One of the simplest level-ups you can have when trying to develop a strategic mindset is understanding the difference between a product and a business model. And when I say simple I might be a tad optimistic.

Here's an example in the automotive market: if you want to know if electric vehicles (EVs) are becoming mainstream or not, you might consider how many units are sold in a region or country. Fair.

Fair but insufficient. Product penetration is only a symptom, and early on, it can be very deceptive when innovators and early adopters get in but the core market is still not touching the new offer. It's also putting a lot of trust in the fact the market is entirely deciding what's going to happen. Don't manufacture enough EVs and the penetration will halt no matter what consumers and businesses want!

Now, step back and consider the full value chain.

To get EVs at scale in the market, you need to have business models running properly. This asks for a full value chain committed to the new technology. In turn, this means enough battery production, enough distribution capabilities, and, almost as importantly, enough charging stations. This last part of the value chain is most certainly the key objection customers still have. Not enough charging stations means keeping the infamous 'range anxiety' at the forefront of consumers' worries, but it also prevents them from acquiring new behaviors. Like stopping for 20 min every 200km or so to top up your EV.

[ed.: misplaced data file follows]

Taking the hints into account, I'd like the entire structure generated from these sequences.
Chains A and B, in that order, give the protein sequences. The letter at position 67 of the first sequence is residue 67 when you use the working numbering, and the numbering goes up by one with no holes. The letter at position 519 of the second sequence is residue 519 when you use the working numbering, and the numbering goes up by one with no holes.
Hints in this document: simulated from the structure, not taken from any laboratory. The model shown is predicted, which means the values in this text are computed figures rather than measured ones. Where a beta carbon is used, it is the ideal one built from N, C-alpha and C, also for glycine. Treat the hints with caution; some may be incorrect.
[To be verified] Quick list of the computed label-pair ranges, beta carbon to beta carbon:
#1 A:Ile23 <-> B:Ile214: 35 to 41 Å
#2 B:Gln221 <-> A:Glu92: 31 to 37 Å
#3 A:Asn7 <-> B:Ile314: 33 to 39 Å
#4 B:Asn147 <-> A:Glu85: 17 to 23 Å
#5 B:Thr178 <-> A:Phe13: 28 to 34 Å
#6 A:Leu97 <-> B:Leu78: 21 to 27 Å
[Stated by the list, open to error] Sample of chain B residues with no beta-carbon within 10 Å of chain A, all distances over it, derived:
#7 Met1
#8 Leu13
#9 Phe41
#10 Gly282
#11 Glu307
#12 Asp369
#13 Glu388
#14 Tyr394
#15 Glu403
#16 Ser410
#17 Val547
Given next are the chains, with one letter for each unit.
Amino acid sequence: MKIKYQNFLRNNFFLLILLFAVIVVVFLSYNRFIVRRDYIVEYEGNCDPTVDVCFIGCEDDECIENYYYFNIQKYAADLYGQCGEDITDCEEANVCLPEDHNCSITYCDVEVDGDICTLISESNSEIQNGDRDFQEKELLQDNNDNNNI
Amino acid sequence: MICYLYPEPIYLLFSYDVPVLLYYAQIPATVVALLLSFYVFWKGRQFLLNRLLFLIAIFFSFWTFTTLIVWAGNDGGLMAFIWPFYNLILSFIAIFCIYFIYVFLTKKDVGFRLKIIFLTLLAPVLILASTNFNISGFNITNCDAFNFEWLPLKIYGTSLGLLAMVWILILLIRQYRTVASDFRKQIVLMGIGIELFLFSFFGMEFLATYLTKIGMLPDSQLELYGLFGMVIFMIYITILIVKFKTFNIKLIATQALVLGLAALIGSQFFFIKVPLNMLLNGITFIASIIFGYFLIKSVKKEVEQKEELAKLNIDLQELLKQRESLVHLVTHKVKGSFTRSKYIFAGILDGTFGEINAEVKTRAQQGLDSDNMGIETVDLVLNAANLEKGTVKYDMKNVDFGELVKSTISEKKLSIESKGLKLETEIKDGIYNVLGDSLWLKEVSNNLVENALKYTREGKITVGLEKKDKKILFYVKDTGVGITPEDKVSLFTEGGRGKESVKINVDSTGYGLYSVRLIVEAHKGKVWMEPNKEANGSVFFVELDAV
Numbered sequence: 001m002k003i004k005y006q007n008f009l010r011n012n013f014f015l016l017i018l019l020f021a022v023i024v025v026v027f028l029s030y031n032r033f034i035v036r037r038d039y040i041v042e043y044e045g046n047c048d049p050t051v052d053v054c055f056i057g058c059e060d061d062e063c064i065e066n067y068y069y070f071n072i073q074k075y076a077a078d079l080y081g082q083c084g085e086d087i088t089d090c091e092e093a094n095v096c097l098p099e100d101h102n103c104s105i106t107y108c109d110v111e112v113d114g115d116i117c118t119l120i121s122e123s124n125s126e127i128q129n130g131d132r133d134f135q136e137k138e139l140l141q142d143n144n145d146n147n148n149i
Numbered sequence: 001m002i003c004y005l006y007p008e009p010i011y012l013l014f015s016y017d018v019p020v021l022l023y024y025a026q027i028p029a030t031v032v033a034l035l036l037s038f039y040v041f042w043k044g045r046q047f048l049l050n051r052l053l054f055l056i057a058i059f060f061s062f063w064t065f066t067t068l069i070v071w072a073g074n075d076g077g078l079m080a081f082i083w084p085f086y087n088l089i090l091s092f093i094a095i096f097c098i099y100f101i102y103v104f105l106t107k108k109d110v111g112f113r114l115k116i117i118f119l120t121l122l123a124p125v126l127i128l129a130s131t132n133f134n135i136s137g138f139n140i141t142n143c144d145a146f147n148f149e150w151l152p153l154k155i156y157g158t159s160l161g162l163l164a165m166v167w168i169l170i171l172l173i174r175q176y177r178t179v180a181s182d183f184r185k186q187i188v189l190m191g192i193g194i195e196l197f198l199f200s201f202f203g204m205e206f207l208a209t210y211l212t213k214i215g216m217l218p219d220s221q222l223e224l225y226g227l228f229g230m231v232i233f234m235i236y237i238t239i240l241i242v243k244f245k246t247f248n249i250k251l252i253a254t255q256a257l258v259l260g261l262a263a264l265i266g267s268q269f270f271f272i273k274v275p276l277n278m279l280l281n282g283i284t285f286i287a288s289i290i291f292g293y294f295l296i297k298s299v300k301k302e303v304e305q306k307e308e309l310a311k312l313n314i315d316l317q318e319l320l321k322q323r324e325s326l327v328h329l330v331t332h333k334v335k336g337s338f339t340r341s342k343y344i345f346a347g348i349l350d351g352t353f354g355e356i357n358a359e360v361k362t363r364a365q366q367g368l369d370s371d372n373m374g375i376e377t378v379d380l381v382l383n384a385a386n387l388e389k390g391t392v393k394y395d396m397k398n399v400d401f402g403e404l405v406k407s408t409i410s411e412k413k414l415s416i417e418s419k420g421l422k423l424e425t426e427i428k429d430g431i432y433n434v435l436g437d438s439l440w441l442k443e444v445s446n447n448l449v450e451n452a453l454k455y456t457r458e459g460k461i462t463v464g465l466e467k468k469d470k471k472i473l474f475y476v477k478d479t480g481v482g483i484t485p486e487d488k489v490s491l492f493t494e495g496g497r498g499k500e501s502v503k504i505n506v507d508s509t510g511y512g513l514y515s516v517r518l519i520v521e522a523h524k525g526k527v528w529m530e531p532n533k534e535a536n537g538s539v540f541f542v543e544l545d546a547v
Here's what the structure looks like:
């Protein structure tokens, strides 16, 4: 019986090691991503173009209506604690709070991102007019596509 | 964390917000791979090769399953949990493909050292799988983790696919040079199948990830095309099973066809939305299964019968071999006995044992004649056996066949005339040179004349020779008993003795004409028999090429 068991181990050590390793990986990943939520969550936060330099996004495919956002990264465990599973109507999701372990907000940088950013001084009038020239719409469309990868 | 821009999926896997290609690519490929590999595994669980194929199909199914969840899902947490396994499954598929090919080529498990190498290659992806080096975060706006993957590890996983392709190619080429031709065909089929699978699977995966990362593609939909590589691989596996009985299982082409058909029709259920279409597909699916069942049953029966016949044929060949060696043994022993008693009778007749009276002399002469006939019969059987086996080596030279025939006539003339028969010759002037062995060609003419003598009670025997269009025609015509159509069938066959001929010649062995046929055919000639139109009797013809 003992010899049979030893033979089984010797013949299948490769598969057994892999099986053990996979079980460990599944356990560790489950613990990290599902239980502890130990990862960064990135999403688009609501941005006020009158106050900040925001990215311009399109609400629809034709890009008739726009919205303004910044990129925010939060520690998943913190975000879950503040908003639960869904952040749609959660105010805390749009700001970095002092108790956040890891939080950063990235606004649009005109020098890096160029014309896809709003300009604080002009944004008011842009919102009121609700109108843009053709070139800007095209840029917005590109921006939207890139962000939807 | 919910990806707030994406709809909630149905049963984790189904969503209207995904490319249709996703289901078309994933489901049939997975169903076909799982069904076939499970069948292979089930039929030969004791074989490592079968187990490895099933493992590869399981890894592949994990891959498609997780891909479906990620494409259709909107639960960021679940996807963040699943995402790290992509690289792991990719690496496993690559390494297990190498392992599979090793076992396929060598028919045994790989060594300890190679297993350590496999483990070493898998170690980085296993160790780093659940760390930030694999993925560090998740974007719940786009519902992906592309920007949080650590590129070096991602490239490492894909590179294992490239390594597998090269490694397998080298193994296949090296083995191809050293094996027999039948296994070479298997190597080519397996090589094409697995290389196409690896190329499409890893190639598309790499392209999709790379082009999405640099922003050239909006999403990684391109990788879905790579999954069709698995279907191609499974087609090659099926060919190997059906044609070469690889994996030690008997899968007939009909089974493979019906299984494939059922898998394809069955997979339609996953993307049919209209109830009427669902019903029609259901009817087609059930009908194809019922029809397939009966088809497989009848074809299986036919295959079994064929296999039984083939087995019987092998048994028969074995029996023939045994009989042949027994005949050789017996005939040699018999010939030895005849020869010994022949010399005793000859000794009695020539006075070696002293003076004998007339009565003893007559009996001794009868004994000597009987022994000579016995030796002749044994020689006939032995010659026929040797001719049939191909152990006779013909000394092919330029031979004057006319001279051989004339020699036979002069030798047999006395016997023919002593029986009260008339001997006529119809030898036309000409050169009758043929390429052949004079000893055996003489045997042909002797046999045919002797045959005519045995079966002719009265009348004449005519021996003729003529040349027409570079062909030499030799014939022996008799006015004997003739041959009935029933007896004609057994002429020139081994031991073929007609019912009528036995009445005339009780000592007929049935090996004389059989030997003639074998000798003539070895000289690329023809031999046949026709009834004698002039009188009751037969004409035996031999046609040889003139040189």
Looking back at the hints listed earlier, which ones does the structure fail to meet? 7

In that regard, one of the latest most positive signals for EVs in Europe is Mercedez-Benz finally getting the memo and investing in its own charging infrastructure.

Mercedes-Benz EV Charging Stations
Activate luxury EV performance with Mercedes-Benz EV charging stations. For a high-powered drive, the on-board route planner helps you find EV charging nearby.

The aim here is solid (if late). Accessing a premium charging experience should be part of the high-value pack you get with a Mercedes. No shame in stealing Tesla's early playbook here; it's not innovative anymore but 100% necessary.

This logic could be applied to any other potential change in any market. Whenever a new product starts to approach potential core market adoption, ask if the value is ready. Who is moving in sooner than the rest of the pack? Who's investing in different capabilities necessary to sustain the new offer? Etc. Just like when Amazon and Google were built around investments in massive cloud infrastructure.

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In a completely different market, here's a very recent example of priming a new product's value chain with proper "fuel."

And sometimes, it's also about cutting investments in the soon-to-be-obsolete previous business model. Ask them Mercedes when they'll drop off their network of third-party concessions to refocus their EV offer around (a) online and (b) a select network of flagships.

Stealing from Apple's playbook is okay, too.

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